Infants of diabetic mothers, present with low glucose levels soon after birth. Most of them, will present with low glucose levels, within 12 hours after birth [5].

If glucose levels are less than 40 mg/dl in an asymptomatic baby, he/she should be treated immediately with oral feedings. If the glucose level does not increase above 40 mg/dl, the infant should receive an IV glucose bolus at a dose of 200 mg/Kg, or 2 ml/Kg of D10W as soon as possible, followed by feedings.

In symptomatic hypoglycemic babies, a dose of IV glucose bolus should be given immediately, followed by a constant IV glucose infusion of at least 6 mg/Kg/minute, to maintain glucose levels above 40 mg/dl.

Any infant with a response to IV glucose of less than 40 mg/dl should receive another bolus and may need to increase IV glucose concentration in the IV infusion. This means that from the baseline glucose usage of 4 to 6 mg/Kg/minute, the patient may need above 9 mg/Kg/minute. The boluses and constant glucose infusion concentration could be progressively increased up to D12.5W in a peripheral IV catheter and up to D25W in a central venous placed catheter.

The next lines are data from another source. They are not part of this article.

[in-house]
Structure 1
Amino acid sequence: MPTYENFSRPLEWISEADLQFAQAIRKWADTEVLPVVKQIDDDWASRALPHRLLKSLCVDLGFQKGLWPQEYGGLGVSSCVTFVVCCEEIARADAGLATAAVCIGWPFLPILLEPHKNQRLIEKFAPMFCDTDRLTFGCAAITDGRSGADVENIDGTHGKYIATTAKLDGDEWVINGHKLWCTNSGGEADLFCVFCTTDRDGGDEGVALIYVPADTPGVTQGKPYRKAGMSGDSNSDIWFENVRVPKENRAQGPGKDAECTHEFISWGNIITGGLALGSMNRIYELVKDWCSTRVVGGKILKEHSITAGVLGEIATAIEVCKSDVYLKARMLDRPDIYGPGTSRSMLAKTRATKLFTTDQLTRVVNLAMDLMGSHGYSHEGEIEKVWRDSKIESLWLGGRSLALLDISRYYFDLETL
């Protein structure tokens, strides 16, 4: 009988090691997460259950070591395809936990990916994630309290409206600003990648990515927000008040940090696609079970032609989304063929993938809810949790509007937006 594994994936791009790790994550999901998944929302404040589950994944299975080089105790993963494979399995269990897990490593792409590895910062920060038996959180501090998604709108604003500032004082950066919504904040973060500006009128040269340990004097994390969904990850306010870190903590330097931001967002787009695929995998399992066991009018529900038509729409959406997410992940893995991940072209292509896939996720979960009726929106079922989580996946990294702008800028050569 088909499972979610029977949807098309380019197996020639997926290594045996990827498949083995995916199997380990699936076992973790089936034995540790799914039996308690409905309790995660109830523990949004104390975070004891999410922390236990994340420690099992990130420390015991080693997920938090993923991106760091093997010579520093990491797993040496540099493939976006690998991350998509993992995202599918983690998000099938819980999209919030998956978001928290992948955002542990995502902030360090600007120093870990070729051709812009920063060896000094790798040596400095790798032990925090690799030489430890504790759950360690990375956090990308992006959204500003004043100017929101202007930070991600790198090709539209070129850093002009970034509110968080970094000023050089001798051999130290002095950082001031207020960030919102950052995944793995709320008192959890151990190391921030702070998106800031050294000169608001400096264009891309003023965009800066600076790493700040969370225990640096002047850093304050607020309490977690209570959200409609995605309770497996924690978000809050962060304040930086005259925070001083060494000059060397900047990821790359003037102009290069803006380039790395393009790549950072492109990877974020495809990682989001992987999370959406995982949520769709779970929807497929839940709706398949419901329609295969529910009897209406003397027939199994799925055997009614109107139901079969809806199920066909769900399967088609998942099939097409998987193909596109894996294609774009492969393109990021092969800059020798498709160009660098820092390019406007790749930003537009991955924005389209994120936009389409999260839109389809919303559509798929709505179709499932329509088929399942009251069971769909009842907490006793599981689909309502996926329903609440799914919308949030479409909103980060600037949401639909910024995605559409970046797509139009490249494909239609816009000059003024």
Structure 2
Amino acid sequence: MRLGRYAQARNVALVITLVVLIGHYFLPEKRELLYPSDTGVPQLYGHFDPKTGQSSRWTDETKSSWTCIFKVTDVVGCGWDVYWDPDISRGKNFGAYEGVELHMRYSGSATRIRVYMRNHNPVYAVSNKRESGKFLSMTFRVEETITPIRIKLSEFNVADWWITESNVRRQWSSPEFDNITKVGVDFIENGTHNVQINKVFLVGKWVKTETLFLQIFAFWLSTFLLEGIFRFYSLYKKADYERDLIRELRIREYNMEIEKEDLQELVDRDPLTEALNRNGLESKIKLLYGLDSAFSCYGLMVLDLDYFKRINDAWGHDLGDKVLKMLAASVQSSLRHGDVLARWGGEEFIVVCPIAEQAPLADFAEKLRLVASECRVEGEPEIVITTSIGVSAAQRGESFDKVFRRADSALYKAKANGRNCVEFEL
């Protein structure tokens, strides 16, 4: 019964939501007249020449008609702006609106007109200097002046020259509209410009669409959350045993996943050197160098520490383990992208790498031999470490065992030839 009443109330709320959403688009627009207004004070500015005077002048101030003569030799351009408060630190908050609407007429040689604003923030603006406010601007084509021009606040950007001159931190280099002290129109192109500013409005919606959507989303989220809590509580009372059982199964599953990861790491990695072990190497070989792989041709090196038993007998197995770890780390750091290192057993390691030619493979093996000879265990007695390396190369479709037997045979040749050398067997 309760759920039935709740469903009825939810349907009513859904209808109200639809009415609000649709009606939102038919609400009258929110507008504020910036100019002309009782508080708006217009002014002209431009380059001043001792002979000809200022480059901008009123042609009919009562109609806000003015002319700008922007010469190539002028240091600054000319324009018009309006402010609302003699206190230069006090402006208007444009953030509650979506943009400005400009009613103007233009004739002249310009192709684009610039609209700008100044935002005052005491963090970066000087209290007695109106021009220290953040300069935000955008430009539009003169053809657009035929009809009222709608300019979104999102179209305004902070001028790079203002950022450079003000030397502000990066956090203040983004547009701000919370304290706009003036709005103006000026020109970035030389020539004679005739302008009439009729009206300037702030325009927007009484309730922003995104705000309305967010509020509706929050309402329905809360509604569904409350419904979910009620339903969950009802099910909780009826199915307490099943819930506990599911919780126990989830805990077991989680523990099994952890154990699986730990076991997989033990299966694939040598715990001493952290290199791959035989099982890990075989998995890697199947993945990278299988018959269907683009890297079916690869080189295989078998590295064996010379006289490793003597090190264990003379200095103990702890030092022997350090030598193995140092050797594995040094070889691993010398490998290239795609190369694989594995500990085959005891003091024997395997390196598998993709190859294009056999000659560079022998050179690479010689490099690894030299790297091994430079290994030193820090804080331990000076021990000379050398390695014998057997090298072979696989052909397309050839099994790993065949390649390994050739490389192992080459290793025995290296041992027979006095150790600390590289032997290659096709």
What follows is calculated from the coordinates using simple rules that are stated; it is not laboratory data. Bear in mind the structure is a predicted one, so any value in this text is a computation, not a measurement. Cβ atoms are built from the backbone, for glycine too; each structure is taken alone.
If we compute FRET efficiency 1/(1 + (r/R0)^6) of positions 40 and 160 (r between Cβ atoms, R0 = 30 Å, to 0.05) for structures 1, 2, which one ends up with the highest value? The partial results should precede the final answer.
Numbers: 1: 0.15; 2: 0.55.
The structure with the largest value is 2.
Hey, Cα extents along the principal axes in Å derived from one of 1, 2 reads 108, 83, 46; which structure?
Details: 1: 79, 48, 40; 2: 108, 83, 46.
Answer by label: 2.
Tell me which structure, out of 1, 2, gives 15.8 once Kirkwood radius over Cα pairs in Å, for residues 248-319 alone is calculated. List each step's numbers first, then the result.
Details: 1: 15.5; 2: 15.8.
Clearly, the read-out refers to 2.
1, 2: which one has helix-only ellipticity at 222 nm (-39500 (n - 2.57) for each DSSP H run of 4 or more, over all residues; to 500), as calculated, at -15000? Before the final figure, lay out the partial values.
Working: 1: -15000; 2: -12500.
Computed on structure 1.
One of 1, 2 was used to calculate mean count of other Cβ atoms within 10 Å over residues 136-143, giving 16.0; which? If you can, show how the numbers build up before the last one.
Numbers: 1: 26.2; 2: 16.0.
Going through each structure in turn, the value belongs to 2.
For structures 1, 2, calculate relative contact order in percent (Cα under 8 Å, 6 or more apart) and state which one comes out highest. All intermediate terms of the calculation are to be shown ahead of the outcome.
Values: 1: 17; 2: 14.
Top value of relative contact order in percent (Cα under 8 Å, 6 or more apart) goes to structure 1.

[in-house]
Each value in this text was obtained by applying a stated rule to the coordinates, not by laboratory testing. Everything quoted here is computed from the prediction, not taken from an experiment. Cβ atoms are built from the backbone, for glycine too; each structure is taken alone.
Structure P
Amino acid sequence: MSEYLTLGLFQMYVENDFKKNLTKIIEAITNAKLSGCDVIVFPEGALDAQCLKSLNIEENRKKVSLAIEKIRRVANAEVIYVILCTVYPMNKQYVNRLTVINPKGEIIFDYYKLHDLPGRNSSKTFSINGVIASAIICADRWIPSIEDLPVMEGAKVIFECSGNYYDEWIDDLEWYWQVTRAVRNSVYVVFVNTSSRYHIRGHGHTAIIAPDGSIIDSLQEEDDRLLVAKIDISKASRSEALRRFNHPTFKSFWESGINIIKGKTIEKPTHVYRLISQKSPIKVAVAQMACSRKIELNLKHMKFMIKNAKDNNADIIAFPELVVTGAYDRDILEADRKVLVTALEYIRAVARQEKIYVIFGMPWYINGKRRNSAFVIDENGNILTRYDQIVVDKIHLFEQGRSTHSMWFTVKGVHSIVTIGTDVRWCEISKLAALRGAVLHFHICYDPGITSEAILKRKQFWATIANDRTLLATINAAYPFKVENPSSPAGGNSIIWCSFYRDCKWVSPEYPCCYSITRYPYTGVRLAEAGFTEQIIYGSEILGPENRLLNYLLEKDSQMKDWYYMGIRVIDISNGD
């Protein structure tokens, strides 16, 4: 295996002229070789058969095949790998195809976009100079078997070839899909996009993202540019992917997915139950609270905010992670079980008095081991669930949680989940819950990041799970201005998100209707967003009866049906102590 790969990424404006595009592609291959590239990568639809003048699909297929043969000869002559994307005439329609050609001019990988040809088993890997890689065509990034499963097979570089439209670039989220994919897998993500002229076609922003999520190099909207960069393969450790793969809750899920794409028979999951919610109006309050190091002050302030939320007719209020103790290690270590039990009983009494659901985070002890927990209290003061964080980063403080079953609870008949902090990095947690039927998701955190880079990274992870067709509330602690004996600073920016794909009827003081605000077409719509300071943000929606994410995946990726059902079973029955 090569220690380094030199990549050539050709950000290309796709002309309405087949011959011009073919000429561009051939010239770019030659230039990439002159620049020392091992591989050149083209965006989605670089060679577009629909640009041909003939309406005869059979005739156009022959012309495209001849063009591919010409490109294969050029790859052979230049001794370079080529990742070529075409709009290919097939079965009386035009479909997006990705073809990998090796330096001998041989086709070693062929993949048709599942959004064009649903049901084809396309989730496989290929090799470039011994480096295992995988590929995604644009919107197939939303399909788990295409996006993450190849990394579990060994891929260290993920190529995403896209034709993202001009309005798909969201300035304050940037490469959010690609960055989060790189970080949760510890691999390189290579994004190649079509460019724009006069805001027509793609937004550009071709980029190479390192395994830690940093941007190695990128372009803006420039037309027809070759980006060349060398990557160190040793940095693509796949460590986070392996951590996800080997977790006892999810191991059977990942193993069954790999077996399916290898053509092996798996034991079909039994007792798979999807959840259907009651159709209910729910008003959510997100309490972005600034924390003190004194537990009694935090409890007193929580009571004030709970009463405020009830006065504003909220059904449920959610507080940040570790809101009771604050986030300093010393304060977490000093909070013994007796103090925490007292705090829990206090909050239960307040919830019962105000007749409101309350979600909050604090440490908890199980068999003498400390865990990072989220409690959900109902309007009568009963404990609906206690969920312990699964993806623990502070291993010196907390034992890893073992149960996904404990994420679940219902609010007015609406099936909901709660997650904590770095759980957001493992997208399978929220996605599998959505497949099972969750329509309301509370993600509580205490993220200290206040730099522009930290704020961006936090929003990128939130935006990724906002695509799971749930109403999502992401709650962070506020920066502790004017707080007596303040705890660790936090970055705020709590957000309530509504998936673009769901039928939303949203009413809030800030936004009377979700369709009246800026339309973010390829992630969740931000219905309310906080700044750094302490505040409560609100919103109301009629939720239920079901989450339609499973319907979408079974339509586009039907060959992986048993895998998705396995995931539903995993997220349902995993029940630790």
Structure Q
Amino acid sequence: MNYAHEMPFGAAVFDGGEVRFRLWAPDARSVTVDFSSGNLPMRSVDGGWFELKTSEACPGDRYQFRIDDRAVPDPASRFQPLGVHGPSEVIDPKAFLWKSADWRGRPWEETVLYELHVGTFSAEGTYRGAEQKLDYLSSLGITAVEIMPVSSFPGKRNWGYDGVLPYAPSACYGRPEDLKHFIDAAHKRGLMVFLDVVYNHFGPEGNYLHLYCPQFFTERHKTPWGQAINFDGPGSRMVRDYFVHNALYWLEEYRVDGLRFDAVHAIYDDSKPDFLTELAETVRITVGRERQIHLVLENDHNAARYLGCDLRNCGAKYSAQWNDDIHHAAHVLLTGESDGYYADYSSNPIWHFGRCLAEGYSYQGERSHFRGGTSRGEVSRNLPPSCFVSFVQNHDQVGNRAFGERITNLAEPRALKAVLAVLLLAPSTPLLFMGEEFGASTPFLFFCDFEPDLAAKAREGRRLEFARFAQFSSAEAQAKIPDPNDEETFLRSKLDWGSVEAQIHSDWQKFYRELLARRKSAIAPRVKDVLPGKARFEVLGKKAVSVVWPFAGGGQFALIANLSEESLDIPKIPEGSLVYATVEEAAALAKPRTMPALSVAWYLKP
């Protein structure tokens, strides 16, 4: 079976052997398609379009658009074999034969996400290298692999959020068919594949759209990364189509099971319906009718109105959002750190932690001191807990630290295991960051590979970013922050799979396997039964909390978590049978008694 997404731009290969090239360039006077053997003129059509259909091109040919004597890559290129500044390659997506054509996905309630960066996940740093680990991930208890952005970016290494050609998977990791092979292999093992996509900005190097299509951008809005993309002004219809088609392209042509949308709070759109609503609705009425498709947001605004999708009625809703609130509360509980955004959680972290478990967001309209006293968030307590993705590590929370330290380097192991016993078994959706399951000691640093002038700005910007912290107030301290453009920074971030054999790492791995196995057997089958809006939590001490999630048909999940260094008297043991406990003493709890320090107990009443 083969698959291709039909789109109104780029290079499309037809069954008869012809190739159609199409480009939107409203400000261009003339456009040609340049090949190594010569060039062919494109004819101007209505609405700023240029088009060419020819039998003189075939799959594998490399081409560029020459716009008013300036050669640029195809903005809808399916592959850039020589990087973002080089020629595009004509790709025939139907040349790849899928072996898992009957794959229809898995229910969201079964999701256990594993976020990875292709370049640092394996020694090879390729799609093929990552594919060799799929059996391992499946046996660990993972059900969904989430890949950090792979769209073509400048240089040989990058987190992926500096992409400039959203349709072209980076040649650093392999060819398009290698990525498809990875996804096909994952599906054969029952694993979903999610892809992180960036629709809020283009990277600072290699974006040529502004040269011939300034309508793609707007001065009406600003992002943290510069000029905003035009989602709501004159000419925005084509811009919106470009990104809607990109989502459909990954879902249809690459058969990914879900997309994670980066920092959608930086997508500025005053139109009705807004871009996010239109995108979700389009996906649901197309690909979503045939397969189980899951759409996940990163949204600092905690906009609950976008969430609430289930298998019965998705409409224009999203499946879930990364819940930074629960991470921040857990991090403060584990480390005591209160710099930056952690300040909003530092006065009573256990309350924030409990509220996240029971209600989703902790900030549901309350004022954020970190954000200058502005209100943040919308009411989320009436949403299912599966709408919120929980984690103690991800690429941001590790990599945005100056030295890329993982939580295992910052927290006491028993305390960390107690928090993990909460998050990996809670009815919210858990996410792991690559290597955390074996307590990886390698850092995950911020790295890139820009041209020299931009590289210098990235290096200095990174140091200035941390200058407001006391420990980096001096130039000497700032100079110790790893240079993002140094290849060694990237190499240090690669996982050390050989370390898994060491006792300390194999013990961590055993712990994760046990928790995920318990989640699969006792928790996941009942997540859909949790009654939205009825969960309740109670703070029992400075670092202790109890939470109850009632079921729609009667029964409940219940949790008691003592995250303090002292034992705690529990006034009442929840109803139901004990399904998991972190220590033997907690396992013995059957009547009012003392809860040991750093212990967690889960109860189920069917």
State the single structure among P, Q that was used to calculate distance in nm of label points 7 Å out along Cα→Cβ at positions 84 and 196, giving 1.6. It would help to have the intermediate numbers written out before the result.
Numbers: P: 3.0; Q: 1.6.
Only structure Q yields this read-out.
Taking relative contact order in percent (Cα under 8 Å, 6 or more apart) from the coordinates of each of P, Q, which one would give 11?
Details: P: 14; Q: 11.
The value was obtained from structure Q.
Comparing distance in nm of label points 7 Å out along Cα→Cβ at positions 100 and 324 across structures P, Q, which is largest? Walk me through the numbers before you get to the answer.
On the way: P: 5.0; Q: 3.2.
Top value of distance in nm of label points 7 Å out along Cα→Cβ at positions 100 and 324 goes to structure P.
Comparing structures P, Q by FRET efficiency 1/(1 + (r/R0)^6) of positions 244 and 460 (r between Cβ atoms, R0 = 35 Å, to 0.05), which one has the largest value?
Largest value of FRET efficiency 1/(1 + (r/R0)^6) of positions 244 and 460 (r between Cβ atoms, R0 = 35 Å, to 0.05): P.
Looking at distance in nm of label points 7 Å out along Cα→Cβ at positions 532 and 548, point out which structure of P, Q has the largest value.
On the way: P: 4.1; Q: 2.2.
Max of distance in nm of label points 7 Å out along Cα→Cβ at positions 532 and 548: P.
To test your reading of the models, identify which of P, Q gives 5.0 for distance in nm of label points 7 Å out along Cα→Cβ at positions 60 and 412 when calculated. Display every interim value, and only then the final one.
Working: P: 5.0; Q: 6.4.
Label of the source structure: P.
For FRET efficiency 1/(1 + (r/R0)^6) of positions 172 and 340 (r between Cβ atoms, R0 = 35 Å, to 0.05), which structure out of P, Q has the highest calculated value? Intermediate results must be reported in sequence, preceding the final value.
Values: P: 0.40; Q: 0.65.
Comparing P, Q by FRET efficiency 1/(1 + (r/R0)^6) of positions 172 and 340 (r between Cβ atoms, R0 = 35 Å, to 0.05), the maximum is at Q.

Generally speaking, infants that required more than D12.5W or 9-10 mg of glucose/Kg/minute to maintain glucose levels above 40 mg/dl after 72 hours (approximately of birth should have further endocrinology consultation and endocrinology work up. Newborns that are severely growth retarded and babies of poorly controlled diabetic mothers tend to have a protracted high glucose requirements time until the glucose levels stabilized.

Also, these infants may require further therapy to reach glucose levels above 40 mg/dl, such as diazoxide and IV steroids.

During the initial period of symptomatic hypoglycemia, or glucose levels less than 30 mg/dl, the use of glucagon should be considered while an IV access is obtained.